In all natural and ovariectomized estrous cases, the NRA–lumbosacral projection was remarkably dense. In sharp contrast to the nonestrous cases, the projections to motoneuronal cell groups innervating the iliopsoas, adductor longus, semimembranosus, semitendinosus, biceps femoris anterior and posterior, and levator ani/abductor caudae internus were very prominent and could be easily discerned in single sections (Fig. 5, right). The differences between estrous and nonestrous cases in respect to the density of projections to the abdominal or pelvic floor motoneuronal cell groups were less apparent. These projections are prominent in estrous and in nonestrous cases (Fig. 4).
Among the cases of the estrous group, some differences in density of the NRA–lumbosacral projection were present. In natural estrous case 2288 and in ovariectomized estrogen-treated case 2361, the projections were extremely strong. In case 2320, with a small injection in the NRA, labeled fibers were not as numerous as in the other estrous cases, but still far outnumbered the NRA fibers in the nonestrous cases, including those with large NRA injections (Fig. 2, Table 1).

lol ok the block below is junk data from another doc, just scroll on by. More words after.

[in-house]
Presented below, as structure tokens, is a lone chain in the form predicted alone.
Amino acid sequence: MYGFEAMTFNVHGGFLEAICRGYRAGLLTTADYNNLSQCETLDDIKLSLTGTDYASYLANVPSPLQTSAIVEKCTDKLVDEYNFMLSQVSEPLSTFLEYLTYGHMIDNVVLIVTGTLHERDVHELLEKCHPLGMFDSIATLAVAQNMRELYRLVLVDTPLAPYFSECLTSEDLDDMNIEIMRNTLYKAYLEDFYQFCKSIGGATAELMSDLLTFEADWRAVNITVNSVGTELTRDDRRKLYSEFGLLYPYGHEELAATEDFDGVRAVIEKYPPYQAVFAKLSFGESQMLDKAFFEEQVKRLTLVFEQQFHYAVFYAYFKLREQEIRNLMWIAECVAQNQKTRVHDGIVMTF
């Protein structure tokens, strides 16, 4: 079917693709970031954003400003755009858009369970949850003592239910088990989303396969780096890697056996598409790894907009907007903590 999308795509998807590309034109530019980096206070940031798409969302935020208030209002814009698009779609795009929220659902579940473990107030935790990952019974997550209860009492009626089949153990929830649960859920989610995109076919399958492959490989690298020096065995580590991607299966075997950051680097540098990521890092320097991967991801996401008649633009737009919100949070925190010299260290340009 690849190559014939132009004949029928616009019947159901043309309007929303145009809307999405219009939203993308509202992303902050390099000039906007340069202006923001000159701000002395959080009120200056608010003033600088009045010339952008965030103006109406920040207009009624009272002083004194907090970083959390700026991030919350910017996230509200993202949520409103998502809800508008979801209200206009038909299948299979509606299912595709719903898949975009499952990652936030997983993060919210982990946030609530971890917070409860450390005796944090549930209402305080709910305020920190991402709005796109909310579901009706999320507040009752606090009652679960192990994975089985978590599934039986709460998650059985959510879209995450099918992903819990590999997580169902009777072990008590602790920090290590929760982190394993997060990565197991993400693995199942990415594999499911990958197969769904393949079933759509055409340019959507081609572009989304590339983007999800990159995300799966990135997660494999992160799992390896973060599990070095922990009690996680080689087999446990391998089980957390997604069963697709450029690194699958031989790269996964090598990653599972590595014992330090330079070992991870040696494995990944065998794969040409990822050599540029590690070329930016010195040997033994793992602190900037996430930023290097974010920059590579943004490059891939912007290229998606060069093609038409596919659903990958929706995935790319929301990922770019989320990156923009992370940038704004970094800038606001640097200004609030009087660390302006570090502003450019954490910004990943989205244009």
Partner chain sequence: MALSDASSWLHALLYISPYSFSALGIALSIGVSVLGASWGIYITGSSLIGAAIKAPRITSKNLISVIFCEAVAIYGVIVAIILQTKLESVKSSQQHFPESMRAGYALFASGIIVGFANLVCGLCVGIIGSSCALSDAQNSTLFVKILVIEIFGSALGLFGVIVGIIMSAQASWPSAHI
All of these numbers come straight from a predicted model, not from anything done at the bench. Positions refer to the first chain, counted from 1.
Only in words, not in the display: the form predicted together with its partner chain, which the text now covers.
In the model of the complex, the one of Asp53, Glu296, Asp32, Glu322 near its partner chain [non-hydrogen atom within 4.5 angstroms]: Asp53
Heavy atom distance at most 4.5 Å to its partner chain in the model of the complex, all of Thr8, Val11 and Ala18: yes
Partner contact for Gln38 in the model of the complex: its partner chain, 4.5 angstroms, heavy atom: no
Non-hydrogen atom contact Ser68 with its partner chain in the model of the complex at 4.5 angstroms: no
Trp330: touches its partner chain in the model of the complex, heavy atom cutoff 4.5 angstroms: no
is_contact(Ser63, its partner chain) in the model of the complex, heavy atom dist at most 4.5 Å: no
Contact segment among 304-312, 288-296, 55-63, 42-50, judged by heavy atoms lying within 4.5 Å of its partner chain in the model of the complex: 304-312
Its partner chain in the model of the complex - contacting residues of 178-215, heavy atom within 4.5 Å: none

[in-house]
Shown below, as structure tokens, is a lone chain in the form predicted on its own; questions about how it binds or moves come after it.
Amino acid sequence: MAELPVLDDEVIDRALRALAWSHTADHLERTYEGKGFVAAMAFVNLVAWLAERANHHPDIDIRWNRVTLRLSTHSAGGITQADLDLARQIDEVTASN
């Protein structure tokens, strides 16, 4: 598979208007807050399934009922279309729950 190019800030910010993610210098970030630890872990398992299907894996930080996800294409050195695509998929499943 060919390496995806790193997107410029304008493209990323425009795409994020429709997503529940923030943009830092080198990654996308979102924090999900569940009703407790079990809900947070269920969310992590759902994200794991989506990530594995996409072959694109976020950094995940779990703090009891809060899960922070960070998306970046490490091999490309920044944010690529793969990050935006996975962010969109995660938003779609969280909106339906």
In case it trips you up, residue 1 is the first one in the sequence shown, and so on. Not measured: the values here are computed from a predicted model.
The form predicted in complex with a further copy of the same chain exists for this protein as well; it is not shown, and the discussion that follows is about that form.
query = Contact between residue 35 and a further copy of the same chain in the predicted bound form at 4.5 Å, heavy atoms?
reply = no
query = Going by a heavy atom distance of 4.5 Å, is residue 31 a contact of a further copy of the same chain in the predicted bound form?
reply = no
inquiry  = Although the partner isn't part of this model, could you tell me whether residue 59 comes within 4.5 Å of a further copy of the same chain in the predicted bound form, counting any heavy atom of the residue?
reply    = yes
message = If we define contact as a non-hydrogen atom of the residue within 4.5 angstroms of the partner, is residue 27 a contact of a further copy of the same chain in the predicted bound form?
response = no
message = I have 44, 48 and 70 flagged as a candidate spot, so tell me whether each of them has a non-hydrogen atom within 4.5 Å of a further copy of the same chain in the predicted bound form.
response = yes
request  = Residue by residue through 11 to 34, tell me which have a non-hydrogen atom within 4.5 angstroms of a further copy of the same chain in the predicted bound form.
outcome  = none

The number of labeled terminals per 320,000 μm2 in the semimembranosus motoneuronal cell group of estrous cases 2288, 2307, 2353, and 2337 amounted to 281, 112, 183, and 157, respectively (Table 1). The average number of labeled terminal profiles per grid square differed significantly between the group of estrous and the group of nonestrous cases (Wilcoxon–Mann–Whitney test,p < 0.025) (Fig. 7). In 14% of the labeled terminal profiles in the four estrous cases, synapses were observed, which were all asymmetrical. Of the labeled profiles, 63% contained spherical vesicles and 11% spherical as well as dense-cored vesicles. In the remaining 26%, the vesicle content could not be identified (Table 2). No labeled terminals with flattened pleiomorphic vesicles were observed. The labeled terminal profiles primarily contacted dendrites and only very occasionally neuronal somata.
In case 2337, the average perimeter of the labeled terminal profiles was 9.49 μm (n = 73; ranging from 5.25 to 22.25 μm), which is 1.28 times larger than in the nonestrous case 2324 (7.41 μm). In these labeled profiles, synaptic complexes on average formed 5.0% of the perimeter, which is less than in the nonestrous case 2324 (6.9%).